Robin


Title: Re: Repairs
Post by: glidermaster on August 11, 2016, 07:07:02 PM
Yes Robin, a little bit.
But it was underweight when built anyway, so I just removed the ballast. Not a problem really.

JB


Title: Re: Repairs
Post by: glidermaster on September 25, 2016, 10:44:28 PM
The Repair Shop has been busy again........


Title: Re: Repairs
Post by: gossie on September 26, 2016, 01:28:59 AM
Looking good.   Now just be more careful. ;D


Title: Re: Repairs
Post by: RobinB on September 26, 2016, 11:31:42 AM
This one's more of a replace rather than a repair.

Robin


Title: Re: Repairs
Post by: glidermaster on September 26, 2016, 06:29:57 PM
Ouch Robin!
What happened?

(Agreed, replace rather than repair).


Title: Re: Repairs
Post by: gossie on September 26, 2016, 07:41:36 PM
You could probably use the tips?????????????????


Title: Re: Repairs
Post by: RobinB on September 27, 2016, 09:01:17 AM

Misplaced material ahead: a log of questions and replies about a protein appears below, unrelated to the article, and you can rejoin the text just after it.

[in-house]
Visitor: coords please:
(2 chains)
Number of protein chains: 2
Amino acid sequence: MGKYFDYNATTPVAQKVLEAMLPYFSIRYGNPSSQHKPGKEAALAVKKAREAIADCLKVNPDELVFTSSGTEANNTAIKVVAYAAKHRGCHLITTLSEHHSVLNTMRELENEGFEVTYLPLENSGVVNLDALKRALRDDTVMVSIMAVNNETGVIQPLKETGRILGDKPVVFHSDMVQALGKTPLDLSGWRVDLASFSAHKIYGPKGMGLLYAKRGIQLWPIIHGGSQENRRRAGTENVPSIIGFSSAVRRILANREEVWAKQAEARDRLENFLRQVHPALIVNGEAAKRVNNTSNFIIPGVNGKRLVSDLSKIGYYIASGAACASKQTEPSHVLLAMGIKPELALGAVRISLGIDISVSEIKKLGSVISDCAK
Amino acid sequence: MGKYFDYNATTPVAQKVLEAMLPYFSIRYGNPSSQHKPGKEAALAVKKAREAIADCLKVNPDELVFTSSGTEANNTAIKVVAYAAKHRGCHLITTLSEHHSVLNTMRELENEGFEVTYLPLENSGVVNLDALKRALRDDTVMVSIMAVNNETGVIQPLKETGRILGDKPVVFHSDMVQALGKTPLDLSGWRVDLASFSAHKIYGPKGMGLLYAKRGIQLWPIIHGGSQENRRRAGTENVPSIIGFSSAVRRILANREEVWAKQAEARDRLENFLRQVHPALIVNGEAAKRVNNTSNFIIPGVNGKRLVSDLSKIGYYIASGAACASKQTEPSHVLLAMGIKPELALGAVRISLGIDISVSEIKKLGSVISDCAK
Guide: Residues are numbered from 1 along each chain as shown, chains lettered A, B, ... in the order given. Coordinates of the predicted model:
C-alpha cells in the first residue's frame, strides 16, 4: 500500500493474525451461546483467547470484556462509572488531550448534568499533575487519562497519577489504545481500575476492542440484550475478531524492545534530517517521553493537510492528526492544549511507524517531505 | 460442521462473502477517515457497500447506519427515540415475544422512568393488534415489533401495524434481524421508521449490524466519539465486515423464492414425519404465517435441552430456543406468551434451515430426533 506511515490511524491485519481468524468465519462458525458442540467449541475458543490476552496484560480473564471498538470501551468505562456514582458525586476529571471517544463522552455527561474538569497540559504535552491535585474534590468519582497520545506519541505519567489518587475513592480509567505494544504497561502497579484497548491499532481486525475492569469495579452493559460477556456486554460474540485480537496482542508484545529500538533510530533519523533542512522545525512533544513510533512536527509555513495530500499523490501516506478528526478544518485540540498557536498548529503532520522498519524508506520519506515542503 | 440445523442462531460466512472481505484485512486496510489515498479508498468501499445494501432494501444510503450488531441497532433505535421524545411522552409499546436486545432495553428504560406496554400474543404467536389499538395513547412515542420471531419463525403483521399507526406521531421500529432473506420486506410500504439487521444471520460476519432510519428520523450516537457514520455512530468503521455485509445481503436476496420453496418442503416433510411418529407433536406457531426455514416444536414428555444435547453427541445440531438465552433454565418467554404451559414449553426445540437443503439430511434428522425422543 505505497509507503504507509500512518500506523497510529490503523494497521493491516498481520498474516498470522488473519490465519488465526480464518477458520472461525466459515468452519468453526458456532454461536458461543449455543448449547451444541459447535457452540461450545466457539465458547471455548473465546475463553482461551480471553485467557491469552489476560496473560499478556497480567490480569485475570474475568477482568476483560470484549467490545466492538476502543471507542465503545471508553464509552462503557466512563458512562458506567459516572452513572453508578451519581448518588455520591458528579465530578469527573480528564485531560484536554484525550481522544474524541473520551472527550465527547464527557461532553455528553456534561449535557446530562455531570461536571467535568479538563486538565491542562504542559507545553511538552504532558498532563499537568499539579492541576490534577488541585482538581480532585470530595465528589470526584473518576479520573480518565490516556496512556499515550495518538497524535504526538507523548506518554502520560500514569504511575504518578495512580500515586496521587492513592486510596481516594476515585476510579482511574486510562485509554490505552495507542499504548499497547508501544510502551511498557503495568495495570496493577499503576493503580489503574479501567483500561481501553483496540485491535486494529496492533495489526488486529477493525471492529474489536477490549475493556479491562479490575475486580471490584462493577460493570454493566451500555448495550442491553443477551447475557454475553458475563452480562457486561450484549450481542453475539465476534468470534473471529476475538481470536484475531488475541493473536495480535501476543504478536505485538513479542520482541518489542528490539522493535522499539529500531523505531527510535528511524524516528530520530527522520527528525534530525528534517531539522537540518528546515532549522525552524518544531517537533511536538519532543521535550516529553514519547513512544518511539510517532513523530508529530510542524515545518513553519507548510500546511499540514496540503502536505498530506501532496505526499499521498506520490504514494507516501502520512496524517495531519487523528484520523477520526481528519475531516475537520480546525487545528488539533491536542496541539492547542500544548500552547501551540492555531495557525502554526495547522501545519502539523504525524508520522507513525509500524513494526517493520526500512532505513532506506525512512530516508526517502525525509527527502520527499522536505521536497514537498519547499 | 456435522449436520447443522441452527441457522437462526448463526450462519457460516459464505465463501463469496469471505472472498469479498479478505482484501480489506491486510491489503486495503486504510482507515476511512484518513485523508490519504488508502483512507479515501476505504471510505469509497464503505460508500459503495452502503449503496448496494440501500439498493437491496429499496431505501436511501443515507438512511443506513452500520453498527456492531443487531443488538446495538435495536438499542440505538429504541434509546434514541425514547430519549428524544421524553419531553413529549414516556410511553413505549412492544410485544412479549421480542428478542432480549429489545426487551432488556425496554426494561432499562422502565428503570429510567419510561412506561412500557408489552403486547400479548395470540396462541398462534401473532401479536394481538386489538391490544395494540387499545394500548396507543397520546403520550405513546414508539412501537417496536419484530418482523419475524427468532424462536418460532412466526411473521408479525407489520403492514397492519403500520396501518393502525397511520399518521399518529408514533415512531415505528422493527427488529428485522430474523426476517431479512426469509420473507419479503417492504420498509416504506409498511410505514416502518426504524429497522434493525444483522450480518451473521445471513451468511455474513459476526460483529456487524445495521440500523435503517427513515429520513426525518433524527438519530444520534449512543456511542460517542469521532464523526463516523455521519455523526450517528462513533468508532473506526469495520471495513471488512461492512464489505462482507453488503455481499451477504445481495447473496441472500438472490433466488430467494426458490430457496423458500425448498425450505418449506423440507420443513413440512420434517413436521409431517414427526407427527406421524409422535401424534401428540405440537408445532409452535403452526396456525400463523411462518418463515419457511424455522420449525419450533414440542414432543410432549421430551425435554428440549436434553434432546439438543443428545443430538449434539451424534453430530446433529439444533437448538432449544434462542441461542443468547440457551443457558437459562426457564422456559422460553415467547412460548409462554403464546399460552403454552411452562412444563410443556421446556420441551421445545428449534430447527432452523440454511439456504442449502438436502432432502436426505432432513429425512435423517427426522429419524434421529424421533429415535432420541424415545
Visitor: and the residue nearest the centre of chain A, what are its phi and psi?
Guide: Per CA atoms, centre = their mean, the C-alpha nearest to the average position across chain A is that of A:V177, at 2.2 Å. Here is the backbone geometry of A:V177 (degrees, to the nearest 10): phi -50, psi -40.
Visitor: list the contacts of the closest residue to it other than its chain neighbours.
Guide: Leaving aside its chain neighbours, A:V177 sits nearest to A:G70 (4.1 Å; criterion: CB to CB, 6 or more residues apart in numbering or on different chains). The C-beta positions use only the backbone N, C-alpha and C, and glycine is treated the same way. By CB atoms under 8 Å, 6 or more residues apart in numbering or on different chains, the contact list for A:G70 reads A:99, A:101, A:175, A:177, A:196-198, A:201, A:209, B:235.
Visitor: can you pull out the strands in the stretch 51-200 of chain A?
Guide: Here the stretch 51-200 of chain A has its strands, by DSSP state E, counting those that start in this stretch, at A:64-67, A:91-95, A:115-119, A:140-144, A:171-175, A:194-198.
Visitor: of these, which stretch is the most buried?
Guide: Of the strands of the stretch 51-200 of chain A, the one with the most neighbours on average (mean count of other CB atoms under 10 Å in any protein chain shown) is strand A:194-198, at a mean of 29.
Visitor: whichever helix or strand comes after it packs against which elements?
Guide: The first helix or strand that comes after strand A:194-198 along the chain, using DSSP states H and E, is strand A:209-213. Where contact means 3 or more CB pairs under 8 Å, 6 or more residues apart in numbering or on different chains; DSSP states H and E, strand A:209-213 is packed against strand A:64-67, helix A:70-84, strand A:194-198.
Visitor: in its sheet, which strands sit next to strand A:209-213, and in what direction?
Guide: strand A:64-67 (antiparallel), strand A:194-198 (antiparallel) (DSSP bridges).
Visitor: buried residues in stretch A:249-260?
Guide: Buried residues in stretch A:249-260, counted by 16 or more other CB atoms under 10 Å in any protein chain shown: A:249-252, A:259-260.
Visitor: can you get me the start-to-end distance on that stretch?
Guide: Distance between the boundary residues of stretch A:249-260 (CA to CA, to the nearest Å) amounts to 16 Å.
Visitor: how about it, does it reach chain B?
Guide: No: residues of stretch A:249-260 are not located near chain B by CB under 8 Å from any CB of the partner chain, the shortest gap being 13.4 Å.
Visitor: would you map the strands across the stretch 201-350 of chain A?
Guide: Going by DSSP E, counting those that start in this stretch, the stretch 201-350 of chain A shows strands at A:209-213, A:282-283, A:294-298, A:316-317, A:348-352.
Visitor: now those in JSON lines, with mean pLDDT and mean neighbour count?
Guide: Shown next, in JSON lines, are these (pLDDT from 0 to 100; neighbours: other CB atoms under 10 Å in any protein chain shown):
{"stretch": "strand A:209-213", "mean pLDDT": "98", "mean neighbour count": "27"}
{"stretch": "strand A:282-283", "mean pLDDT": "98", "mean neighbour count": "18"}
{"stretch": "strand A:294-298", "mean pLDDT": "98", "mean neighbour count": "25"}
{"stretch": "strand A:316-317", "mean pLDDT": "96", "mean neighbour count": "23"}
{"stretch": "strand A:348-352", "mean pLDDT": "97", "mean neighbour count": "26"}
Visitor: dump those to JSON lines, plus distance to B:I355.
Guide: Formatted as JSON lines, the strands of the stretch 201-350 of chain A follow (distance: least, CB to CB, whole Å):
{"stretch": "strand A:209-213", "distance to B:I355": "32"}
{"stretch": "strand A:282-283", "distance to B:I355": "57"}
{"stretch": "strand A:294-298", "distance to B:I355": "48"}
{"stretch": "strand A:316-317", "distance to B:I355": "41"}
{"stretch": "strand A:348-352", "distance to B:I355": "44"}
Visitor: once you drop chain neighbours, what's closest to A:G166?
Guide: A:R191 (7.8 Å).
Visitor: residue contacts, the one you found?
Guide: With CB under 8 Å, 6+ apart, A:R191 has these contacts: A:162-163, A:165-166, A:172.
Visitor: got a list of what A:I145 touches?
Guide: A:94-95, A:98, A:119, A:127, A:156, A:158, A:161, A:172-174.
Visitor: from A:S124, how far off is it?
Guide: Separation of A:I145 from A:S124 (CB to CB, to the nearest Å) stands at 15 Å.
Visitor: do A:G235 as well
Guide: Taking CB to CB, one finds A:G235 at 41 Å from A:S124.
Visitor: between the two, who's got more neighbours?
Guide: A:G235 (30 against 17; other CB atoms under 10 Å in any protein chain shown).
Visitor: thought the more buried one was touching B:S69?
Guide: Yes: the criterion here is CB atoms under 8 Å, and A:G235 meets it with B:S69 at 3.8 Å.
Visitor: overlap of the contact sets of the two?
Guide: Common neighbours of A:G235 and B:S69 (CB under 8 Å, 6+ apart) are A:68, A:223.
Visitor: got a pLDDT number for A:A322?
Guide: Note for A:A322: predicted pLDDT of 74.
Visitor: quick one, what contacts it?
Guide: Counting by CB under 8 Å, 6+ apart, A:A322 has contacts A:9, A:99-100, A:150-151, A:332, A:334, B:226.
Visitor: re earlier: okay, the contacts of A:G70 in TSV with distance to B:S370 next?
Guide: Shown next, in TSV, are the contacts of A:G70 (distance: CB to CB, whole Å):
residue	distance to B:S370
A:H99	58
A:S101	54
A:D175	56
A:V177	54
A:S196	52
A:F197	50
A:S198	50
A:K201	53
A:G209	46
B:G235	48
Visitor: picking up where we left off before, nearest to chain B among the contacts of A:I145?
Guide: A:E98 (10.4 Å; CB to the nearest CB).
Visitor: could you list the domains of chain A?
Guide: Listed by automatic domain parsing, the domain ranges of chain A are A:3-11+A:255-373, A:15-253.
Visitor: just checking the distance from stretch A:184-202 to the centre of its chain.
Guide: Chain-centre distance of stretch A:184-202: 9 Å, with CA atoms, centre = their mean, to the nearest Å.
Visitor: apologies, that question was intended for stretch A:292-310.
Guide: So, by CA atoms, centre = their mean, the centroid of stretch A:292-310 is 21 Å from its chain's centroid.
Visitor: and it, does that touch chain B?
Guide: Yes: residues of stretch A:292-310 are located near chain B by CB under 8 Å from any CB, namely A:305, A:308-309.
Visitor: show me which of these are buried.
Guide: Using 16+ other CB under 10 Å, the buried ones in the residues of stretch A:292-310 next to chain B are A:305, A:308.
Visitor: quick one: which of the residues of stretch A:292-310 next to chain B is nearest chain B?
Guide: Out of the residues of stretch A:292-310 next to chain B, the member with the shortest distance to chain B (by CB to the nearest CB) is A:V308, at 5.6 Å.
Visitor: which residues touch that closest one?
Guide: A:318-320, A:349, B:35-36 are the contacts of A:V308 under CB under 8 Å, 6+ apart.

It was over a year ago.
It was on trim and going well, until I did my first official flight!
The familiar intermittent problem with a gravity (tank) system - it missed momentarily just after launch.
Usual sequence followed:- nose drops, wings come level, resumes spiral climb.
On this occasion it stopped while nearly inverted - not good.
At least it missed the tarmac.

The fuselage is ok. I'm going to remove the tank, though.
I may not build any more SLOP aeroplanes, thus avoiding any further episodes like this.

Robin
 


Title: Re: Repairs
Post by: glidermaster on October 05, 2016, 04:10:16 PM
I had mixed results from the repaired models in reply #45; the elliptical tipped 1/2A Train needed no further trimming, and flew well last weekend in Oregon.
The 15 model was not so fortunate. Thinking I had a fairly stiff wing, I didn't jig it in position during doping and the result was that wash-in crept in on the LH inner panel. Fortunately it was not bad enough to cause a crash.

I will try and straighten it out by steaming, and then leave it on a board held to the right shape for a few weeks and see what happens.

JB